Ghost Rider: Spirit of Vengeance will be the second attempt at bringing Marvel’s renegade antihero to the big screen following a critically disappointing debut back in 2007. In an industry that’s currently woefully enamored with the term ‘reboot’, Spirit of Vengeance takes a somewhat unique approach by acknowledging its predecessor while simultaneously disassociating from it.
The modestly budgeted follow-up has a rather arduous uphill battle ahead of it, considering the first Ghost Rider‘s reputation – as well as star Nicolas Cage’s recent string of flops. Recognizing that the material needed to be approached in a different way was certainly a good place to start, but many fans are still waiting apprehensively to see if this entry will turn out to be a more accurate representation of the character.
Thanks to a collection of set photos and assertions from Cage that Spirit of Vengeance will be “a whole new experience”, we know that directors Mark Neveldine and Brian Taylor are crafting a film with a vastly different tone than the original. It’s also been made clear that while it’s still loosely connected to the first movie, the sequel will be making changes to certain aspects of the character’s mythology – including a revamped origin.
However, rather than adhering to the source material, it sounds like Neveldine & Taylor ultimately decided to deviate from it even further. In a recent interview with Movieline, Taylor reveals why it was important for them to develop a different back-story for Johnny Blaze/ Ghost Rider:
“We basically completely re-envisioned the whole start of the character, and actually had to re-engineer the origin of the Ghost Rider. The whole mythology behind the Ghost Rider that existed in the comic books never really made sense to me, so we sort of had to re-engineer the entire back-story of the Ghost Rider into something new.”
There are few things that instigate fanboy rage faster than a filmmaker denouncing the very comic book he’s adapting – but Taylor insists that the first Ghost Rider movie provided them with ample room to reinterpret concepts that were previously glossed over:
“We’re just looking at it as an evolution. The movie takes place years later. We’re not disowning the first movie but this Ghost Rider is an evolved form of the previous Ghost Rider. And the mythology that went behind it is stuff that never got delved into in the first movie, anyway. Like, they don’t talk about who the demon is from when Johnny Blaze becomes the Ghost Rider. We get into that and really get into who that guy is, what his story is, and what makes GR the way that he is.”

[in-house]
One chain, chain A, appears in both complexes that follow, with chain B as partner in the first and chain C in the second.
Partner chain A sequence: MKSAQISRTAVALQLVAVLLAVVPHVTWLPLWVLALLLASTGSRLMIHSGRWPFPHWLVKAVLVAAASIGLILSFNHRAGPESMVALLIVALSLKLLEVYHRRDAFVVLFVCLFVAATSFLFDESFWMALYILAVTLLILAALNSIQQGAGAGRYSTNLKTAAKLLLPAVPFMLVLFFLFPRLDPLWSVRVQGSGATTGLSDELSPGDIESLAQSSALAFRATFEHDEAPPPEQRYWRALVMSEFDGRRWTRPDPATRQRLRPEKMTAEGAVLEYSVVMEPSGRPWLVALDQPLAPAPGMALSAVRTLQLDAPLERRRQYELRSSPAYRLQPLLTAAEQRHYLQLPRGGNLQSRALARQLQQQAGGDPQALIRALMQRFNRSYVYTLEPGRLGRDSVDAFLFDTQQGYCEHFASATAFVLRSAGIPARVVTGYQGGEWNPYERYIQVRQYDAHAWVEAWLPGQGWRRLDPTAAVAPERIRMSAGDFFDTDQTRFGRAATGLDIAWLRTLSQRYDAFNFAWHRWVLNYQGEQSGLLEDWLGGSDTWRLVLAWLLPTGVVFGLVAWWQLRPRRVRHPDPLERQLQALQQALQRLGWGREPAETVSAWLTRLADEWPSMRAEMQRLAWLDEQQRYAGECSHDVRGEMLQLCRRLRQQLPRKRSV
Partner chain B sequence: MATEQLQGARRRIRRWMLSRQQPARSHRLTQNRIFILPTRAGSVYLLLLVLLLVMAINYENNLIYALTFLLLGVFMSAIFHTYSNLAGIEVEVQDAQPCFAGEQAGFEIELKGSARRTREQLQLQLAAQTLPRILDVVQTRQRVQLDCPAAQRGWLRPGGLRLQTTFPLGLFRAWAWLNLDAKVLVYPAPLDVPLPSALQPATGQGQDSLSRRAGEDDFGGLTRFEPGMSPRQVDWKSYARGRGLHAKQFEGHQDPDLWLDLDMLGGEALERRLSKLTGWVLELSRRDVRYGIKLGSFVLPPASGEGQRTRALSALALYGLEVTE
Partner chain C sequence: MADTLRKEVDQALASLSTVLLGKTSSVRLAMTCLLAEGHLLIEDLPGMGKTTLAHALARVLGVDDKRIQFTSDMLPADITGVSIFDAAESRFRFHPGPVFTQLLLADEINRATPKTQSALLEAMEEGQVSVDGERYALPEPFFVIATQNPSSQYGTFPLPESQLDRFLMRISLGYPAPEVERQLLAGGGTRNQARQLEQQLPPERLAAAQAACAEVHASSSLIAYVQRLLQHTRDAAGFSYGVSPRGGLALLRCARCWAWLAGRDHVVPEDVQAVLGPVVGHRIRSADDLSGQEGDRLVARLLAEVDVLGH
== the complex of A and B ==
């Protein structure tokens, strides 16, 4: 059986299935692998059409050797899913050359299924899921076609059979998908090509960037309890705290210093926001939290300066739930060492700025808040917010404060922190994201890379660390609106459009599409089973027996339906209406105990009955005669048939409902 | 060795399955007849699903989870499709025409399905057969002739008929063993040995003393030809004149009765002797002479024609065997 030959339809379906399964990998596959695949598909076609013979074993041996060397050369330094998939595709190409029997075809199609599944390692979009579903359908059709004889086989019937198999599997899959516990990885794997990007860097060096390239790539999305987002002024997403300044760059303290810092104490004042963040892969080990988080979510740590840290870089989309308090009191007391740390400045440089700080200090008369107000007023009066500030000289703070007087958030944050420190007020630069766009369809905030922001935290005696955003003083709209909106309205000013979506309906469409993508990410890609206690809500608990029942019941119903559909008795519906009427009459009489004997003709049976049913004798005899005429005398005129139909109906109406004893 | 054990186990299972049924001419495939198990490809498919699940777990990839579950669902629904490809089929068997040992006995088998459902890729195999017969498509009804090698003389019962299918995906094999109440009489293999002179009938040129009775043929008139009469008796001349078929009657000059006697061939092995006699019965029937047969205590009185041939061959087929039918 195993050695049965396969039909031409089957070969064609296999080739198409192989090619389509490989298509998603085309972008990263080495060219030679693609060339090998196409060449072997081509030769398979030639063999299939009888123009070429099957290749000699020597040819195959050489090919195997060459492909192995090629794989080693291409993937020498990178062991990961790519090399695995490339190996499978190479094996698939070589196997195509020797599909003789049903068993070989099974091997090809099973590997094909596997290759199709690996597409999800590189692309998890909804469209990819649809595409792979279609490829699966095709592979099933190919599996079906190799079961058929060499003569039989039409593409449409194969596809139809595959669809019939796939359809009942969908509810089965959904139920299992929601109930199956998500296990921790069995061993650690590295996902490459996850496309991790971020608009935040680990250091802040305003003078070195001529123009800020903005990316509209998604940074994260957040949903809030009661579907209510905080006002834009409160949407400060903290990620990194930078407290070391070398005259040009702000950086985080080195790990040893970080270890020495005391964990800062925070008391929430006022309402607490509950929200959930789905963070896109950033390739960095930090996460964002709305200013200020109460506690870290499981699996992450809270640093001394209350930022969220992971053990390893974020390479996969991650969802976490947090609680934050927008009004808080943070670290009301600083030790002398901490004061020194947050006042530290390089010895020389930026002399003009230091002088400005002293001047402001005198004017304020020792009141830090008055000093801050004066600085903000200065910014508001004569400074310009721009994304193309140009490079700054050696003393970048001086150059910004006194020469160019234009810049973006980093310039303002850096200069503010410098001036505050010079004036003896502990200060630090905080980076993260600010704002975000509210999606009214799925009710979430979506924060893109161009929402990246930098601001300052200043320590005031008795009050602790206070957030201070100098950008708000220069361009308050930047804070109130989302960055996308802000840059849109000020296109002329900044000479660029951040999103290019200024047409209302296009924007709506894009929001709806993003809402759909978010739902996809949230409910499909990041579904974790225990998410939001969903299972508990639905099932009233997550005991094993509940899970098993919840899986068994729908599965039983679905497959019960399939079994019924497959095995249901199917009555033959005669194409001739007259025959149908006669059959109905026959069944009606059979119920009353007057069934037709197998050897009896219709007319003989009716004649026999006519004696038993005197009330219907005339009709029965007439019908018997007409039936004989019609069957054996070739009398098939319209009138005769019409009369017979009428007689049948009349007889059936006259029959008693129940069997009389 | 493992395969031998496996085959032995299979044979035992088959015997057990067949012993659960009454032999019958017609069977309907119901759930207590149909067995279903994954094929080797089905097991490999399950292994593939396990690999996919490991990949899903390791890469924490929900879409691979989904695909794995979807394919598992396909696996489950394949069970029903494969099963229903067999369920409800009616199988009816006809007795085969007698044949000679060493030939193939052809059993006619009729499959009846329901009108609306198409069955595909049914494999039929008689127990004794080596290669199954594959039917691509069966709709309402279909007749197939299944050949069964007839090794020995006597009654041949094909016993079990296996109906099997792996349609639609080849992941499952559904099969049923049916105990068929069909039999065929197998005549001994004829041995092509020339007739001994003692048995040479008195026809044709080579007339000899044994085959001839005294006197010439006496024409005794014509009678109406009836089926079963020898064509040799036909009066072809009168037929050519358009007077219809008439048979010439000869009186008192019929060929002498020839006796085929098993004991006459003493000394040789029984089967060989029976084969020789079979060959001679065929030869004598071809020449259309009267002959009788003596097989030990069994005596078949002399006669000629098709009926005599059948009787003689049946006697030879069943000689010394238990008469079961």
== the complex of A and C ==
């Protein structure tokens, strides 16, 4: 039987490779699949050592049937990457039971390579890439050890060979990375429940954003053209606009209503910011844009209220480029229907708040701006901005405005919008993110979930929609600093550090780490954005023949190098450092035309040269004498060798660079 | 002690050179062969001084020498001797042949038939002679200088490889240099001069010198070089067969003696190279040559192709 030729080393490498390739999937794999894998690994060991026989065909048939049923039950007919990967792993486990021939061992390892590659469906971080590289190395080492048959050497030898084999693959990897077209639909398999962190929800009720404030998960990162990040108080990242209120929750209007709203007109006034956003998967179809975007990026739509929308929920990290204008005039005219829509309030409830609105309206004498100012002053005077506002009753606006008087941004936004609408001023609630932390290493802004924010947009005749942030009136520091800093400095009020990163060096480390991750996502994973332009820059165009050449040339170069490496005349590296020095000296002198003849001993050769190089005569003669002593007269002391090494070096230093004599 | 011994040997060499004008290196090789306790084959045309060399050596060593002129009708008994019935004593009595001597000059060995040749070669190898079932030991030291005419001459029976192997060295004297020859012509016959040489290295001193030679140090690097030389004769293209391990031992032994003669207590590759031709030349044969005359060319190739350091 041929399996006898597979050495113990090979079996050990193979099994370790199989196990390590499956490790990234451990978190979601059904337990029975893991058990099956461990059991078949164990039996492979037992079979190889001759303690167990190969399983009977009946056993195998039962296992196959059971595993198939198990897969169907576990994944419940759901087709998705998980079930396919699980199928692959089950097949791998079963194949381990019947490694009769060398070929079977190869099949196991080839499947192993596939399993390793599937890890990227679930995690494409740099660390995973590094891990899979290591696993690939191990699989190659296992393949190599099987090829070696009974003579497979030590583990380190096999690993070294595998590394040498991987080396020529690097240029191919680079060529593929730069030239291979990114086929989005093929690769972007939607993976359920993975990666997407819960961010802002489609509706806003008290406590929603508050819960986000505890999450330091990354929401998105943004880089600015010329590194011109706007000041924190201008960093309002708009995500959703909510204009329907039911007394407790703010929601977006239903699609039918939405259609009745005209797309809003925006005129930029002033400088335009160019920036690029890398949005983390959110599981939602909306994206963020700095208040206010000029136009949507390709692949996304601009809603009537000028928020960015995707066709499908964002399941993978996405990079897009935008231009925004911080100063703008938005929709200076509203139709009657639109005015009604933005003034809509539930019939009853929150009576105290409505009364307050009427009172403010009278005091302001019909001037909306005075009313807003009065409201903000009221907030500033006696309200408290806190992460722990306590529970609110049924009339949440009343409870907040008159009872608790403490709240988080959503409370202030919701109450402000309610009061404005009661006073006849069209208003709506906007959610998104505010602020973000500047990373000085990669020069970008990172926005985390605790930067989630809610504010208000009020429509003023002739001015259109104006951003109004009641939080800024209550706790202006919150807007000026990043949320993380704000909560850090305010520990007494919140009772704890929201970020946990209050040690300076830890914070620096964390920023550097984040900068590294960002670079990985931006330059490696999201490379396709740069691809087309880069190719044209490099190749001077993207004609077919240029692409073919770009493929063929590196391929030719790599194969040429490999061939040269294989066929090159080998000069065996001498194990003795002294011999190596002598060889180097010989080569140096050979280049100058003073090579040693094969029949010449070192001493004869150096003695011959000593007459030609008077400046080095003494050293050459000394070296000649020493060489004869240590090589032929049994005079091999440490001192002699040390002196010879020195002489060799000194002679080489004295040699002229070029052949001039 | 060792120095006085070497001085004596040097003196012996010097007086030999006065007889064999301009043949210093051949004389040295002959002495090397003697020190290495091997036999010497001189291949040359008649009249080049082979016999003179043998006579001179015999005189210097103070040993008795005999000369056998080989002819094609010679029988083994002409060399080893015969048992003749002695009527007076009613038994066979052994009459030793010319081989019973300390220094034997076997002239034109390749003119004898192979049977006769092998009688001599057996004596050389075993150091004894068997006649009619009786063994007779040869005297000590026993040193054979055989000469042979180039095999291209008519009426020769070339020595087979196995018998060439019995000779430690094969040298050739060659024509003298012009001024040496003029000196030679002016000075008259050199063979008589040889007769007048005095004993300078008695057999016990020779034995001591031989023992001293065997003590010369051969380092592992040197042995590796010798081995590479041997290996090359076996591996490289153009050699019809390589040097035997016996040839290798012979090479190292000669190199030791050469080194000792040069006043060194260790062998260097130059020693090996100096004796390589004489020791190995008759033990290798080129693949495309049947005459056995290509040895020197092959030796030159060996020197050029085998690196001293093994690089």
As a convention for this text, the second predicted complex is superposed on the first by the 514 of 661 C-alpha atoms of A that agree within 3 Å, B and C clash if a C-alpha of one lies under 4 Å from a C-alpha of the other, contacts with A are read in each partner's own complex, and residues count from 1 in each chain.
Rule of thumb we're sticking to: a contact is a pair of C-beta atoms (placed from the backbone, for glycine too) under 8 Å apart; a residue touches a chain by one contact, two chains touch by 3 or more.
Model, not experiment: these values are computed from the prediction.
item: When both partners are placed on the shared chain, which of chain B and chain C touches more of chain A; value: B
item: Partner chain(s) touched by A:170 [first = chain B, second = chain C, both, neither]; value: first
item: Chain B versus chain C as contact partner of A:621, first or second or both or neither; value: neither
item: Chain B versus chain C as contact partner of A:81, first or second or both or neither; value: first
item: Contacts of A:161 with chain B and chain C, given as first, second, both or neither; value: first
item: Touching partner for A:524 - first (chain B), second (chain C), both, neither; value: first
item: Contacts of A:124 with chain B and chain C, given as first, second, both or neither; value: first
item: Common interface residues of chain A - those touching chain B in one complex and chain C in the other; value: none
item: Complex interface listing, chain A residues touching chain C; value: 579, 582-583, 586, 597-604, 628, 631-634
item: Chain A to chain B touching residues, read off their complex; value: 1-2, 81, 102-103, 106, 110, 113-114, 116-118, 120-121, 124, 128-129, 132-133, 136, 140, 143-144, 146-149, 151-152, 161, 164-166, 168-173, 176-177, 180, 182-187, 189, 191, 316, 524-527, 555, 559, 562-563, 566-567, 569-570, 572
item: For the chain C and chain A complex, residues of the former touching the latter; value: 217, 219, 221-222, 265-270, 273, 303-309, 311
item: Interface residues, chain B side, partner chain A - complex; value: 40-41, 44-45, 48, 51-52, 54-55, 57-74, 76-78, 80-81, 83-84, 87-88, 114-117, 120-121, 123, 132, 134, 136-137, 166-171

He also expresses his admiration for Cage and suggests that Spirit of Vengeance will allow the notoriously unhinged actor several opportunities to really chew on the scenery:
- “I’ve got to tell you that working with him was the absolute highlight of that experience. He’s the best. Every day that Nic was on the call sheet and we were coming in to shoot him was a total rush. Shooting action is boring, shooting car crashes and all that stuff. But shooting a Nic Cage performance is a total adrenaline rush.”
I know many of you are probably still fixated on that first comment about the mythology not making sense to Taylor – and I agree that it’s somewhat discouraging. I’m also not going to pretend that I’ve really enjoyed any of the films this duo has had a hand in, or that I wasn’t already apprehensive about the decision to bring them on board in the first place.
However, I will say that when it comes to creating a successful comic book adaptation, I don’t think translating every last detail is as important as the broad strokes. As long as the filmmakers don’t deviate too far from the core concept of the property, there’s often plenty of room for them to put their own stamp on the mythology.
The Dark Knight and Iron Man are two recent examples of successful comic book films that made numerous changes to certain characters, back stories, and motivations – but by retaining the spirit of the comics, most of these alterations were still accepted as being appropriate and true to the mythology.
So while fans will always urge Hollywood to just stick with what’s on the page, I think the real key is finding a writer and director who understand why a particular property has endured as long as it has and then set out to build their film on that foundation. The question is – are Neveldine & Taylor the right match for this character?
We’ll find out when Ghost Rider: Spirit of Vengeance opens on February 17, 2012.
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